How we can make crops survive without water | Jill Farrant | Summary and Q&A

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How we can make crops survive without water | Jill Farrant


Resurrection plants hold the secret to producing drought-tolerant crops, which are essential for food security in a growing world population.

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Questions & Answers

Q: Why is producing drought-tolerant crops important for food security?

Producing drought-tolerant crops is important for food security because the world population is projected to reach 9 to 10 billion people by 2050, with a significant population growth happening in Africa. The food and agricultural organizations estimate that a 70 percent increase in current agricultural practice will be necessary to meet the demand, and this percentage does not even consider the potential effects of climate change.

Q: What is the current situation regarding agriculture and climate change?

Climate change is predicted to cause increased aridity, leading to a lack of rainfall in many areas. This will render previously productive agricultural regions, especially in Africa, unable to support crops. This situation is expected to worsen by 2050, putting a large portion of the world, including Africa, at risk. Consequently, innovative solutions, such as drought-tolerant crops, will be needed to address this challenge.

Q: What are resurrection plants, and why are they important?

Resurrection plants are a type of plant that can survive extreme droughts by entering a dormant state but can revive and start growing within 12 to 48 hours of being given water. These plants have the ability to lose up to 95 percent of their cellular water and remain in a dry, seemingly dead state for extended periods. They are vital because they possess desiccation tolerance, which enables them to withstand harsh environmental conditions and potentially serve as models for developing drought-tolerant crops.

Q: How do desiccation-tolerant plants differ from annual crops?

Desiccation-tolerant plants, such as resurrection plants, have evolved unique strategies to cope with and survive extreme drought conditions. These plants can lower their water content significantly, enduring months or even years in a dry state before being revived. In contrast, annual crops, such as wheat, rice, and maize, rely heavily on producing energy-rich seeds during the rainy season to survive during periods of drought. However, their vegetative tissues lack inherent resistance, avoidance, or tolerance characteristics.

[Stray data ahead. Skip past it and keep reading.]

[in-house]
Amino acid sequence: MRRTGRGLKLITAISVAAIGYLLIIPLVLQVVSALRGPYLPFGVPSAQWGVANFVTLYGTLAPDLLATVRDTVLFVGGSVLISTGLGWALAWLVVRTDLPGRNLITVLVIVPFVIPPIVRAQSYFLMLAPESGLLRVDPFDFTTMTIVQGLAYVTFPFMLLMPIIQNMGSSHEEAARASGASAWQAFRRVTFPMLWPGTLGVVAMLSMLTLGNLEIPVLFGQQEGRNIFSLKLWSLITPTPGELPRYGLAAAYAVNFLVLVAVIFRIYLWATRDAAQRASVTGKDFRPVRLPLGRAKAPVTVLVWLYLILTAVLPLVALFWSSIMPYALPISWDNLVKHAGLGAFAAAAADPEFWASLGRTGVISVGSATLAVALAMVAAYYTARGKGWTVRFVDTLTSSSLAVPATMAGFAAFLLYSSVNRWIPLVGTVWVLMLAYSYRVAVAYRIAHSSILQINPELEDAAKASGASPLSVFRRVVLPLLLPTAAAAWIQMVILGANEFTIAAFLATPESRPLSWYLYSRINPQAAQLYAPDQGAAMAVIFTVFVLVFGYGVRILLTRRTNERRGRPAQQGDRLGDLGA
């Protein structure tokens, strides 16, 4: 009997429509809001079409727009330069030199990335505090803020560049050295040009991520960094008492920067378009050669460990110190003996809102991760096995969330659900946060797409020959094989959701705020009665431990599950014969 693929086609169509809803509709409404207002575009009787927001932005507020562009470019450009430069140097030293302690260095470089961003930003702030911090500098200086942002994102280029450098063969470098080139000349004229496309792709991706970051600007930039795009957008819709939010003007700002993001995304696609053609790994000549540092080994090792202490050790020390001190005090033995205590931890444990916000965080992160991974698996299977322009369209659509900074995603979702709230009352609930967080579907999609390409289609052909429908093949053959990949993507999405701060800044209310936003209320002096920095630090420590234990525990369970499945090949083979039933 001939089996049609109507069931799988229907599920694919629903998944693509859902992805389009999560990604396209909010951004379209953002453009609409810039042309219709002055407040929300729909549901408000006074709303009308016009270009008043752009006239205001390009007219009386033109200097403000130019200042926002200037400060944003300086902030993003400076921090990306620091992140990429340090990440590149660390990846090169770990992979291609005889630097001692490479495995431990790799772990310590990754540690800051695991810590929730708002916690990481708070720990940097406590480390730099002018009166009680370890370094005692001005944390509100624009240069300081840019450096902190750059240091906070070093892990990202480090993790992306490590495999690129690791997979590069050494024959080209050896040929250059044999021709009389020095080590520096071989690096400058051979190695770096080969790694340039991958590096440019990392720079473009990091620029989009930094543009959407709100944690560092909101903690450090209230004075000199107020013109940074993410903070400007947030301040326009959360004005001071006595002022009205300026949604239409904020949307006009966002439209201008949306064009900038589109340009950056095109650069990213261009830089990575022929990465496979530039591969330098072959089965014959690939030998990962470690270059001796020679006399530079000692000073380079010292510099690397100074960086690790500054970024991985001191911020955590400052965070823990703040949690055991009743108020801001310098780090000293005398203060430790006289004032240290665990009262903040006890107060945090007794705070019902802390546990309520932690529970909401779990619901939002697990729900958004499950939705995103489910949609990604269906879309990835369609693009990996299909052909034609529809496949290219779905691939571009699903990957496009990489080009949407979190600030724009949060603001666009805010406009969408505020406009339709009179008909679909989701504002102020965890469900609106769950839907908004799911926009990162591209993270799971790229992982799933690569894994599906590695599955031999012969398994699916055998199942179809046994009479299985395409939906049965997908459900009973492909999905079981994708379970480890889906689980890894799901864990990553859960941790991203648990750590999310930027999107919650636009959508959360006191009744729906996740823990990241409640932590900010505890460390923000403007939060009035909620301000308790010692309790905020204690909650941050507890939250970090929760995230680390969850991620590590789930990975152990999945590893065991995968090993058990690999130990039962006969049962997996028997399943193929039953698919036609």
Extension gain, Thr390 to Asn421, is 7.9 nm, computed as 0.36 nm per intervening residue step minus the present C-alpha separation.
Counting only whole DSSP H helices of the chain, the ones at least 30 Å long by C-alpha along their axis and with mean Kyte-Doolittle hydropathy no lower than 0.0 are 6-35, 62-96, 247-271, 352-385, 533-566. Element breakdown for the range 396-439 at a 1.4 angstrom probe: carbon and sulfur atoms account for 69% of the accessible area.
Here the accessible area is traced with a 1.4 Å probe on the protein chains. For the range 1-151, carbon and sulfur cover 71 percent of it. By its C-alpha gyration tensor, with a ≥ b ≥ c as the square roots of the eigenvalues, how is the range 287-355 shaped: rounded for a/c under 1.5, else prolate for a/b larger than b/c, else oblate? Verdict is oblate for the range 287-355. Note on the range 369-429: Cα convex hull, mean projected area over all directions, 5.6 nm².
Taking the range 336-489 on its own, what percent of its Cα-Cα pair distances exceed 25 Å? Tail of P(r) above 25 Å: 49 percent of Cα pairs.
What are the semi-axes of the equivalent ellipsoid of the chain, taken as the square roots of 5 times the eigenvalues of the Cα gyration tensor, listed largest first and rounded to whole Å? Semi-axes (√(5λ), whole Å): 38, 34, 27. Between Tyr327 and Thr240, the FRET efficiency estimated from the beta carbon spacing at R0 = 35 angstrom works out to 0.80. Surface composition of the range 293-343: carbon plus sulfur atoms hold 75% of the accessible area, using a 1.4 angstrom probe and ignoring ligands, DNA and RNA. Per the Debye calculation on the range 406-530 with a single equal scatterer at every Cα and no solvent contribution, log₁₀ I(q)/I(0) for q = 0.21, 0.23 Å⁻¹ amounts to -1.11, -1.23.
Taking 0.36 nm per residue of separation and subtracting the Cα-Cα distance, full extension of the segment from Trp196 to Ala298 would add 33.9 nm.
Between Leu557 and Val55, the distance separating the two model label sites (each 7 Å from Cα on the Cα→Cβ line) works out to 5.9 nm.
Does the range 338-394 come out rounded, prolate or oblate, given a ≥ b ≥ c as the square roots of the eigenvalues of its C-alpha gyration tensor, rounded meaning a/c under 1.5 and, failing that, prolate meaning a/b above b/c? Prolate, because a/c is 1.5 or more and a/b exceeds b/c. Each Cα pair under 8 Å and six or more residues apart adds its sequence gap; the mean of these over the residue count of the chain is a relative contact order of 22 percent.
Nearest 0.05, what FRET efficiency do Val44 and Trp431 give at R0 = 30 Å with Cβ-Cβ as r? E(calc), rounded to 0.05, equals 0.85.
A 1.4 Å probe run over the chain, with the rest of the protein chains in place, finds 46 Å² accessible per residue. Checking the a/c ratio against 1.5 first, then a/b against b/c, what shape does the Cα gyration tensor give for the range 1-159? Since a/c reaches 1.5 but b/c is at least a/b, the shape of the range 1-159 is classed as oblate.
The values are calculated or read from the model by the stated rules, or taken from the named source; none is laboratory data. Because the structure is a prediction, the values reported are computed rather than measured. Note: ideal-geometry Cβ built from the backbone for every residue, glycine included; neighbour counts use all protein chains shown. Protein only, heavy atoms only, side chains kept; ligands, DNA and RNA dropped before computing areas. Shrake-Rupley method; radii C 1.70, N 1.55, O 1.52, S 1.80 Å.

Q: What research has been conducted to develop drought-tolerant crops?

Researchers have undertaken a comprehensive understanding of desiccation tolerance in plants, studying everything from a molecular to a whole plant level. This includes analyzing changes in plant anatomy, studying gene expression through the transcriptome, identifying the proteins produced by genes (proteome), examining changes in metabolites (metabolome), and investigating lipid changes (lipidome). With this thorough understanding, scientists are developing strategies, including genetic modification, to enhance drought tolerance in crops by activating specific genes involved in desiccation tolerance.

Q: How are genes being used to develop drought-tolerant crops?

Through research, scientists have discovered a core set of genes involved in desiccation tolerance that are present in both seeds and resurrection plants. These genes, previously activated only in seed tissues, have been identified in the roots and leaves of modern crops as well. By understanding the signals that switch on these genes in resurrection plants, researchers aim to mimic this process in crops through genetic modification or the activation of existing genes. The goal is to develop drought-tolerant crops by replicating the natural evolution of desiccation tolerance.

Summary & Key Takeaways

  • Resurrection plants, which can survive extreme drought conditions, hold the key to producing drought-tolerant crops that can help meet the growing demand for food, especially in Africa where population growth is expected to be highest.

  • Producing drought-tolerant crops is essential for food security, as current agricultural practices need to be increased by 70 percent by 2050 to meet demand, without even accounting for the potential effects of climate change.

  • Resurrection plants have unique mechanisms that allow them to lose cellular water and remain in a desiccated state for months or years, and then revive when given water. Understanding these mechanisms can be applied to making crops more drought-tolerant.

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